A few mothers are seated with the Health Officer-in-Charge of Sumaila Yamma Primary Healthcare Centre (PHC), who has just finished post-natal counseling. Bilikis, a second-time mother, cannot hide her delight that today she was attended to earlier than usual. She comments that during her first pregnancy, also attended to at this PHC, things were a bit different. “On Wednesdays, there are typically a lot of pregnant women, and it sometimes used to get a little overwhelming for the staff of the PHC,” she said. All through the ante-natal care for her current pregnancy, however, she says the officer-in-charge and other health officers seemed better informed about her medical history and her needs, which in turn made her feel cared for more personally.
The basic health facility in Sumaila Yamma, in Sumaila LGA, Kano State is in a difficult-to-reach community. One devoid of mobile network signal, with a thriving population of over 5,000 residents.
Hajiya Saratu Sali, the Health Officer-in-charge of Summaila Yamma PHC explained why her officers are now able to cut down on the waiting time for their patients. She credits an innovative service brought in over the last year to PHCs like hers in Kano state; a data management and video training platform stored on a tablet that has given her and her officers the ability to record patient’s details electronically as well as have access to mobile training on important health topics. This is the reason mothers like Bilikis are spending less time at the Sumaila Yamma health centre during antenatal days.
For herself, Hajiya Sali says the Video Training (VTR) application on the tablet has allowed her to learn more about infant care and family planning, which she teaches to her patients. The videos on the device are usually tailored to the needs of the particular facility, taking into consideration language and the availability of resources in that community. This allows officers to easily use the device in a language that they are comfortable with and that their patients can also understand.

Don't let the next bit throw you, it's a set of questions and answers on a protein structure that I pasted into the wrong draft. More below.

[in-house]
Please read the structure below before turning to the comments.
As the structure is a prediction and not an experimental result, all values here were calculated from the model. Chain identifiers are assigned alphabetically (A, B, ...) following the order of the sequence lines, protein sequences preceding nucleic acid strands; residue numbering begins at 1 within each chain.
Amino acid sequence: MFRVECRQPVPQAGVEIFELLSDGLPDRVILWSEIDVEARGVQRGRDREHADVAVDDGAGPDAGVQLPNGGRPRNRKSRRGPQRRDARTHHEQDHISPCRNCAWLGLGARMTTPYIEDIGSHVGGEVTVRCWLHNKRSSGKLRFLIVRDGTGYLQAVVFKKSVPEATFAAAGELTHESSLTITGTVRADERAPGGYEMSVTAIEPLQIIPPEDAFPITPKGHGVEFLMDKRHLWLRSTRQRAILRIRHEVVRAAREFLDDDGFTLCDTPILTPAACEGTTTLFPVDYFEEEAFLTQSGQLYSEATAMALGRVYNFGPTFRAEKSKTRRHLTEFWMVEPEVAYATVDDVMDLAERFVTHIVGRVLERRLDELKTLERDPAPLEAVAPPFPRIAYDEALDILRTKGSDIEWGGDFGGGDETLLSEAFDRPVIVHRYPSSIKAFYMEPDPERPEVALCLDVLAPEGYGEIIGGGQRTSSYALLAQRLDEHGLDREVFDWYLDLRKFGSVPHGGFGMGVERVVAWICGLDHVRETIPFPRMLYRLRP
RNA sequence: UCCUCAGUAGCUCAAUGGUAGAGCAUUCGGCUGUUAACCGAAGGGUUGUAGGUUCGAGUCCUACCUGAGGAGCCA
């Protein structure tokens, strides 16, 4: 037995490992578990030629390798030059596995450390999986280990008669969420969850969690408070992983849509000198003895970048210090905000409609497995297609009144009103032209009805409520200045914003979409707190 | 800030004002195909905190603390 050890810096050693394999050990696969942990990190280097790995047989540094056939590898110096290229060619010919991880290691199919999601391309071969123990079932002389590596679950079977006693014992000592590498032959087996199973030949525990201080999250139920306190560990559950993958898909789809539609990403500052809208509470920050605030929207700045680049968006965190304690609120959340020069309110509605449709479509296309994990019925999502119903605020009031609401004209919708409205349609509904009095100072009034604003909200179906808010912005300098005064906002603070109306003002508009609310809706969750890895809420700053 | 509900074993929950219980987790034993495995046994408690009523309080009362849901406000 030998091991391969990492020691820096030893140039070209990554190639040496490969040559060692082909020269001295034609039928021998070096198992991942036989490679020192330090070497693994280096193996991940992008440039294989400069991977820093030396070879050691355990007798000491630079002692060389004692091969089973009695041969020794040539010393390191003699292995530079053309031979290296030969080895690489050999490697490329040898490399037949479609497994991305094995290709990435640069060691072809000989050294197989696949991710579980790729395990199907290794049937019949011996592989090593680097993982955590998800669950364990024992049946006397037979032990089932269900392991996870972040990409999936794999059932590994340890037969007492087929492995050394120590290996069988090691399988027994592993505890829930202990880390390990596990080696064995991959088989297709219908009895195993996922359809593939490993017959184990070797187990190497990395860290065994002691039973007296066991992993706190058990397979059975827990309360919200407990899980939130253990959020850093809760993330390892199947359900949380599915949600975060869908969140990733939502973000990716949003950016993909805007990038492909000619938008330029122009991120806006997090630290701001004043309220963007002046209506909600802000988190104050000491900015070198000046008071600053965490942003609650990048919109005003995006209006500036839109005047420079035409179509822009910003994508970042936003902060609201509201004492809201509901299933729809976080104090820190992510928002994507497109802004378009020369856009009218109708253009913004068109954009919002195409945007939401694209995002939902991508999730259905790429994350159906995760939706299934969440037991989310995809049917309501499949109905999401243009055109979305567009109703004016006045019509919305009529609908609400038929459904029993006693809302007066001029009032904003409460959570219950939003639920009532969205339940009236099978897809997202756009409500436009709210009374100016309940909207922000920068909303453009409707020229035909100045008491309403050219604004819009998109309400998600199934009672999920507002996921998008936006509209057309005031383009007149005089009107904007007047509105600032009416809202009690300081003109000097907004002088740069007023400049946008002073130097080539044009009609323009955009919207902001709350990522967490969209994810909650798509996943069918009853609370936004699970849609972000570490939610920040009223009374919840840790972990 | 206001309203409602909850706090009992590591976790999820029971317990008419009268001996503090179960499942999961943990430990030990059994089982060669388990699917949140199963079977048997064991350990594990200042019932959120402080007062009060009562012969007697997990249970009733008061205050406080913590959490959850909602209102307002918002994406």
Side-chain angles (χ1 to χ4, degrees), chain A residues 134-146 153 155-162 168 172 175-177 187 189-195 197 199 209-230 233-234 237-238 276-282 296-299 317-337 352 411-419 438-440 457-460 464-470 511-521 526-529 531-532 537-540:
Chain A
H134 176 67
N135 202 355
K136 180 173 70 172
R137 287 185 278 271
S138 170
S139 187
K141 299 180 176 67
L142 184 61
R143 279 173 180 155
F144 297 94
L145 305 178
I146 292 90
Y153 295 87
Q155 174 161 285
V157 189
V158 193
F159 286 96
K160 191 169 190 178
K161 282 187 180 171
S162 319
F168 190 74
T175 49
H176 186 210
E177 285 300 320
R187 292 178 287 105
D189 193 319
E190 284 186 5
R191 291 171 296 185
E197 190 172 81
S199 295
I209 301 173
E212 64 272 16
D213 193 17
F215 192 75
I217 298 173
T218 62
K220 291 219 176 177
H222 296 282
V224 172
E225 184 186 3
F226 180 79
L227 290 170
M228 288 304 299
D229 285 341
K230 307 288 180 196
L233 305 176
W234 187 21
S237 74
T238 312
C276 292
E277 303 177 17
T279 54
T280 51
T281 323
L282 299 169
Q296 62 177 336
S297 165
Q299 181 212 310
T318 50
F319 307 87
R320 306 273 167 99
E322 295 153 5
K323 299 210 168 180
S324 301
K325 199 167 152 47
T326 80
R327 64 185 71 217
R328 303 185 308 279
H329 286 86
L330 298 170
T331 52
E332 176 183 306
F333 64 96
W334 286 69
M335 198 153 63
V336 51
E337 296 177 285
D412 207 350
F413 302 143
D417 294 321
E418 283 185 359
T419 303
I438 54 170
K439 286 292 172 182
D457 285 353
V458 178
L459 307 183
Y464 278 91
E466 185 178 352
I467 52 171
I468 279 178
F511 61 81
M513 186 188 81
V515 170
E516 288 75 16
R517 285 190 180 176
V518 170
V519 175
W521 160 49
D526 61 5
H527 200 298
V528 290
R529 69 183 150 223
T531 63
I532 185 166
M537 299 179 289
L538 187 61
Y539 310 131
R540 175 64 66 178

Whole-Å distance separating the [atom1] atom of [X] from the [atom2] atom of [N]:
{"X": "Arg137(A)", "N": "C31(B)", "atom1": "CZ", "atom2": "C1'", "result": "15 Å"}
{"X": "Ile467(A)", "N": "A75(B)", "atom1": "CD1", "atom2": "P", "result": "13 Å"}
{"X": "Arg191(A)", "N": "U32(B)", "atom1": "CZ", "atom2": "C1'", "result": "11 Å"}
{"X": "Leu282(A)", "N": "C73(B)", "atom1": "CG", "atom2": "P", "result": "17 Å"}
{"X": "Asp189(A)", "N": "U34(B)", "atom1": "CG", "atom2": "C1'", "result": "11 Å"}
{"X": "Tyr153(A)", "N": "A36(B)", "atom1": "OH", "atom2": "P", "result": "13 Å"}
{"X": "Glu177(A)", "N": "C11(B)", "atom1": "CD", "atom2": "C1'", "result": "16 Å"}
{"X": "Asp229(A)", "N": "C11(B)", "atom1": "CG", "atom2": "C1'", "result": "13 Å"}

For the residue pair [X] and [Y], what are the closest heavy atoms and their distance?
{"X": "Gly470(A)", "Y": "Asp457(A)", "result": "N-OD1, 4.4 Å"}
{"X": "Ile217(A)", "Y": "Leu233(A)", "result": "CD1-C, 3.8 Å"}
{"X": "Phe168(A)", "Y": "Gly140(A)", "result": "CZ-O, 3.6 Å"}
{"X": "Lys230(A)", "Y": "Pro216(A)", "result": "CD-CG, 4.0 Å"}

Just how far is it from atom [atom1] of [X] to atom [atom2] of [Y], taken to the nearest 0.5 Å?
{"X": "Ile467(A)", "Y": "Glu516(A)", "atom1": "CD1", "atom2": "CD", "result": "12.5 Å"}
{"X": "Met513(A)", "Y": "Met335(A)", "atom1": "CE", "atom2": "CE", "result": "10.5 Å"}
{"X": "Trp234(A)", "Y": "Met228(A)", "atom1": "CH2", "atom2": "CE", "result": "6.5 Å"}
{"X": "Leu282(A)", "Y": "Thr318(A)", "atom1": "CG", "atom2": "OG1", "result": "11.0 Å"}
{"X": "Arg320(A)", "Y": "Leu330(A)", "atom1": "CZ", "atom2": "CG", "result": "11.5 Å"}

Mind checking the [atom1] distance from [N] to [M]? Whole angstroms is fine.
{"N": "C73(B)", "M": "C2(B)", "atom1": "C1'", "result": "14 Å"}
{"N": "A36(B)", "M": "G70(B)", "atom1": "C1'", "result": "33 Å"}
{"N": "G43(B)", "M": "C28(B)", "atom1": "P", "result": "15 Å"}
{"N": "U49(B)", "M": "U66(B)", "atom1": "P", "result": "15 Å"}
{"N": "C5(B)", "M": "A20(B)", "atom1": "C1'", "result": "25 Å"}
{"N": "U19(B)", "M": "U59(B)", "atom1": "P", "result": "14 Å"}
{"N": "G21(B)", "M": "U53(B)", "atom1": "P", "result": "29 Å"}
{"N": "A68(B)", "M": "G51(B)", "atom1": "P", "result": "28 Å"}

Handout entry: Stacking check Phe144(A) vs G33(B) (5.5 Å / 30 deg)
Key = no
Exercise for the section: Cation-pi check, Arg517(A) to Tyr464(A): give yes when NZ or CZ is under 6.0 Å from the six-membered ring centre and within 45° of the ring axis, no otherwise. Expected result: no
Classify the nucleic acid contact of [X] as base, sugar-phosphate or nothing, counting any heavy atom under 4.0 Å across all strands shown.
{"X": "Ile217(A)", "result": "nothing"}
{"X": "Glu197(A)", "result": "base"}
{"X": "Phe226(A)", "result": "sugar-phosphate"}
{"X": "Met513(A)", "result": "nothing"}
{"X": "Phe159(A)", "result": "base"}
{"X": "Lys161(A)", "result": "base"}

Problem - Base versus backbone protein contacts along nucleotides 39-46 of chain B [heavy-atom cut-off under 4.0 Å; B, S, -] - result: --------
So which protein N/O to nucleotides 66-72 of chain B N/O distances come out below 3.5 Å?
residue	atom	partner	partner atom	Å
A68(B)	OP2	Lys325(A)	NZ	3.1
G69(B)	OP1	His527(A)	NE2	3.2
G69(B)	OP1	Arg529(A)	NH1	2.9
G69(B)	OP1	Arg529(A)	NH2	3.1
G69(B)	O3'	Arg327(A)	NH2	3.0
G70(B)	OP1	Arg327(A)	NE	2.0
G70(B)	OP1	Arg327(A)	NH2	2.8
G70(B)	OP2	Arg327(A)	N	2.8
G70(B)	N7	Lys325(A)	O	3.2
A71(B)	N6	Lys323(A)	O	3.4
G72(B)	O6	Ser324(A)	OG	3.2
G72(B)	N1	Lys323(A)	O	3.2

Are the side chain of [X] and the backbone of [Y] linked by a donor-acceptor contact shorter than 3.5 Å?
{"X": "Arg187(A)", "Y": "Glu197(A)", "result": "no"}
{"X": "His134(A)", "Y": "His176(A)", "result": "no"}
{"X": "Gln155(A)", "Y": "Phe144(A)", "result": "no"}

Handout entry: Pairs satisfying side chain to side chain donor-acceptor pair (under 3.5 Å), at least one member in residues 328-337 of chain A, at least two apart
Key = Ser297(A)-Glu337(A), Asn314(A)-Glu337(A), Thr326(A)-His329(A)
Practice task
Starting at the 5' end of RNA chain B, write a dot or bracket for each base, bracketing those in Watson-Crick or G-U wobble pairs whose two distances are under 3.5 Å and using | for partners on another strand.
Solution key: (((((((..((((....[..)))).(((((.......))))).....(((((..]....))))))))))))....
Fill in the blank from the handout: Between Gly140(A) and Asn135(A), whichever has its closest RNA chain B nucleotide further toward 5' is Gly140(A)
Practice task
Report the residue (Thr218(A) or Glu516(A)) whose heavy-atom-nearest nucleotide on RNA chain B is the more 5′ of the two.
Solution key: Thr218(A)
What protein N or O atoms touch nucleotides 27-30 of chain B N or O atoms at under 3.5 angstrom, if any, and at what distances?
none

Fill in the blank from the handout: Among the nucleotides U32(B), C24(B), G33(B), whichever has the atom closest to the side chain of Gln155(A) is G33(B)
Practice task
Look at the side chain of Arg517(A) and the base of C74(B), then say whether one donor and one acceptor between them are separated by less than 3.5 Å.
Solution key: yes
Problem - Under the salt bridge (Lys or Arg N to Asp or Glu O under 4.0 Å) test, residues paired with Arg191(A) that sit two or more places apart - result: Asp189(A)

Hajia Saratu applauded the improvements that the device has brought to her work at Sumaila Yamma PHC. The data management platform is being implemented by Instrat GHS, a Mobile Health Solutions company and this innovation is in the pilot stage in Kano State. Hajiya Saratu’s one complaint is that patient information is still being recorded on both the tablet and book registers, which doubles her work.
The state of data management in Nigeria
Ideally, existing mechanisms for data collation and management are intended to provide adequate information for health planning and decision making. However, in Kano and Nigeria as a whole, existing health information management systems have struggled with providing accurate or variegated data. A recent observation by Professor Isaac Adewole, Honorable Minister for Health, noted that the lack of ‘accurate’ data on people living with HIV/AIDS has encumbered the Federal Government’s efforts to control the spread of the disease in the country.
Kano state is the second most populous state in Nigeria, with a population of 11,058,300. The state government, over the years, has put in place three tertiary healthcare facilities, 39 general hospitals and about 1,200 Primary Healthcare Centres (PHC) to cater for the healthcare of its teeming denizens. The tasks and systems involved in recording, updating, and analyzing data of patients from every hospital and healthcare centre across the state, are intricate.
On a monthly schedule, health records officers at various PHCs make data available to designated Health Management Information System (HMIS) officers at their corresponding local governments. These are done with the aid of registers that have been meticulously filled by the records officer. HMIS officers in LGAs verify for errors or discrepancies and in turn transfer the data to the HMIS unit in the state Ministry of Health’s Department of Planning, Research and Statistics (DPRS). Shafiu Jibrin, the Health records officer for Makoli PHC in Dawakin Kudu LGA, notes that at the end of a typical clinic day he could record as many as 150- 200 patients’ data into the ‘big book’ register at the PHC, and engages the PHC’s Community Health Extension Worker (CHEW) to enable him to get his job done properly.
A simplified run-through of the data flow from Primary Healthcare Centers to decision makers in the state government